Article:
Seven larynges were obtained from the cadavers of horses that measured ≥ 162.5 cm in height at the highest point of the shoulders (ie, withers). Breed, sex, and age of the animals were unknown. All specimens were inspected by 1 author (JDP) to ensure there was no macroscopic pathology evident and were placed in 2% 2-phenoxyethanol preservative solution and stored at 4°C to maintain tissue pliability until use. The larynges were allowed to reach room temperature prior to testing.

The extrinsic musculature and the cricoarytenoideus dorsalis muscles were carefully removed to ensure the cricoarytenoid joint and its ligamentous attachments were retained intact on the specimen. Tracheal rings were removed except for the 2 most rostral rings, which were required for mounting. Each larynx was secured to a wooden mounting board by placing a 0.5-cm-diameter plastic bolt through the cricothyroid ligament. Four stay sutures of 0.65-mm nylon monofilamenta were used to prevent rotation of the larynx during force application. A suture was used to draw the epiglottic cartilage cranially so that the vocal folds were visible. The larynges remained secured to the mounting board for the duration of the experiments. Three radiopaque spherical 3-mm external markers were sutured to the following anatomic sites for use in CT analyses: the dorsal midline between the arytenoid cartilages, the left MPA (attachment for the cricoarytenoid dorsalis muscle), and a point one-third of the distance from the caudal notch of the cricoid cartilage to the right MPA (in a caudal-to-cranial direction) on each larynx. Specimens with similar caudal notches were selected to allow for consistent marker placement.

In all larynges, the right and left arytenoid cartilages were maximally abducted by use of a standard prosthetic laryngoplasty technique for placement of the suture through the cricoid cartilage.11 A 2-mm hole was drilled in the cricoid cartilage 1.5 cm lateral to the midline and 1.5 cm from the caudal edge before introducing USP size-1 braided polyester multifilament suture,b which was positioned through the right MPA in a mediolateral direction. Initially, the suture was placed through the left MPA in a caudocranial direction for all specimens (Figure 1). The free ends of the suture material were tied in a loop and attached to a portable force meter.c The force required to maximally abduct each arytenoid cartilage, defined as the force at which greater tension on the suture did not cause any further visible movement of the arytenoid cartilage, was recorded for each larynx. The suture for the right arytenoid cartilage was double clamped in place with artery forceps when maximum abduction force was reached; this remained static throughout the experiment.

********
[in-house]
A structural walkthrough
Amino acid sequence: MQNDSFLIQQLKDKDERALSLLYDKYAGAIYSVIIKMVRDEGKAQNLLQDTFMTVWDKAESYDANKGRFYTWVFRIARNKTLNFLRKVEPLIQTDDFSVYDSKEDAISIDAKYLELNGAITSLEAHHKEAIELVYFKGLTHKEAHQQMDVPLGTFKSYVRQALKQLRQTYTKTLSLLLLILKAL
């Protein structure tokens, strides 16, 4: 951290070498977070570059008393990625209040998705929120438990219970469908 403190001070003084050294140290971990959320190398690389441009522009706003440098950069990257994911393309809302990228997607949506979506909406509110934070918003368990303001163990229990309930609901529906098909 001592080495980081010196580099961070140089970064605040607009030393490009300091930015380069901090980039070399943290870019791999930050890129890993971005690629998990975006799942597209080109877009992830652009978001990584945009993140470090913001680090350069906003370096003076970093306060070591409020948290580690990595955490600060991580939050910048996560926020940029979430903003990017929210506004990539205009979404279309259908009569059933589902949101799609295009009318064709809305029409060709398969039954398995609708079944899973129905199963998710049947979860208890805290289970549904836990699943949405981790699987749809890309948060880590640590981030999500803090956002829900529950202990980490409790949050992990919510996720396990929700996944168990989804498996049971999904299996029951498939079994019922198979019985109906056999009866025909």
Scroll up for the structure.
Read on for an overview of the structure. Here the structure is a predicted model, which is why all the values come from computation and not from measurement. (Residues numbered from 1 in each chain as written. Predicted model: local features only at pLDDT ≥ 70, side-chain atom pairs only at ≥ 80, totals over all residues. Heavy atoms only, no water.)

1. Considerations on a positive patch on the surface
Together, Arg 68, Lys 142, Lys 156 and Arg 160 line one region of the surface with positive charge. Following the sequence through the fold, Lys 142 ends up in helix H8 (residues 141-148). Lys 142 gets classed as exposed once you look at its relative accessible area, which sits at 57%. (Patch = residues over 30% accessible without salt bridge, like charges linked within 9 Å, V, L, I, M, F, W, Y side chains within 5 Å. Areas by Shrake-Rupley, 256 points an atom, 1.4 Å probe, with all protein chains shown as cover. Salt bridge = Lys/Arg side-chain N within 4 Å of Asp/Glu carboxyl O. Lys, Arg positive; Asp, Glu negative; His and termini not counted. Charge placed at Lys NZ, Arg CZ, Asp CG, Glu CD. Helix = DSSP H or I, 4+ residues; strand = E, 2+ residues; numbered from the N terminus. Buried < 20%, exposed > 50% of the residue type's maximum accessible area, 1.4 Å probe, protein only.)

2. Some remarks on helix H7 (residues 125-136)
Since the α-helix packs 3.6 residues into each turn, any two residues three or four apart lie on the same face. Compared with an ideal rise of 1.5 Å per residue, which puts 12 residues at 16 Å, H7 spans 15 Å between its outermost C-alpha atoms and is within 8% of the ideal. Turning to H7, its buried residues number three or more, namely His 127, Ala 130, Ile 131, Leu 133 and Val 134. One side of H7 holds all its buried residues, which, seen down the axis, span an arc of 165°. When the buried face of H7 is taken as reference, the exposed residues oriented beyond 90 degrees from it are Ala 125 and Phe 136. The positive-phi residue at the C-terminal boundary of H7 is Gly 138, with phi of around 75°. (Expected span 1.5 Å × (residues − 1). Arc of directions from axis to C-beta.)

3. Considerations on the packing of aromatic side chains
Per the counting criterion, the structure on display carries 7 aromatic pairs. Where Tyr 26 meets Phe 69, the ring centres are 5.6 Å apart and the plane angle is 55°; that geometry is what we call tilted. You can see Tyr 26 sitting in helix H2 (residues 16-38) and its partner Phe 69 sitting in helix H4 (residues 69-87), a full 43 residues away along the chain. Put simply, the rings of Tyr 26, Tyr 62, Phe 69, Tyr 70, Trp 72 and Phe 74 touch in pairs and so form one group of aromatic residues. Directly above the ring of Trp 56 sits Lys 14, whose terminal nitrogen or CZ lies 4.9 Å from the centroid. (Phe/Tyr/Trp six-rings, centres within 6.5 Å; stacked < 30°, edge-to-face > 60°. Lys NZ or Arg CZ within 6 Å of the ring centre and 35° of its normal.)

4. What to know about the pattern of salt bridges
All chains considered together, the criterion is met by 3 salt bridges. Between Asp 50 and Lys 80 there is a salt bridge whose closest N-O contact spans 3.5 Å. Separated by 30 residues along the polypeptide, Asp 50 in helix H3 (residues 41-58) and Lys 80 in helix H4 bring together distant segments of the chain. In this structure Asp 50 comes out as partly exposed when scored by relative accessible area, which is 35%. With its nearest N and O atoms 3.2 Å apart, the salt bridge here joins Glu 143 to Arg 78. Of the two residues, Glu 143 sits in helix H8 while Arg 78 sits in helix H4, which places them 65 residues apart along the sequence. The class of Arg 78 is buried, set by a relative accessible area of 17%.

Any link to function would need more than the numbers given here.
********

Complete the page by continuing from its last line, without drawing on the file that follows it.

Figure 1—
Figure 1—

Schematic diagram (dorsal view) of suture placements through the MPA in a study to identify the degree of arytenoid cartilage abduction required to create laryngeal airflow similar to that in galloping horses, assess 2-D and 3-D biomechanical effects of prosthetic laryngoplasty on arytenoid cartilage movement and airflow measurements, and determine the influence of suture position through the MPA on these variables in an ex vivo model. A = Arytenoid cartilage (corniculate process). Cr = Cricoid cartilage. FT = Force transducer. L = Left. R = Right. T = Trachea. Th = Thyroid cartilage.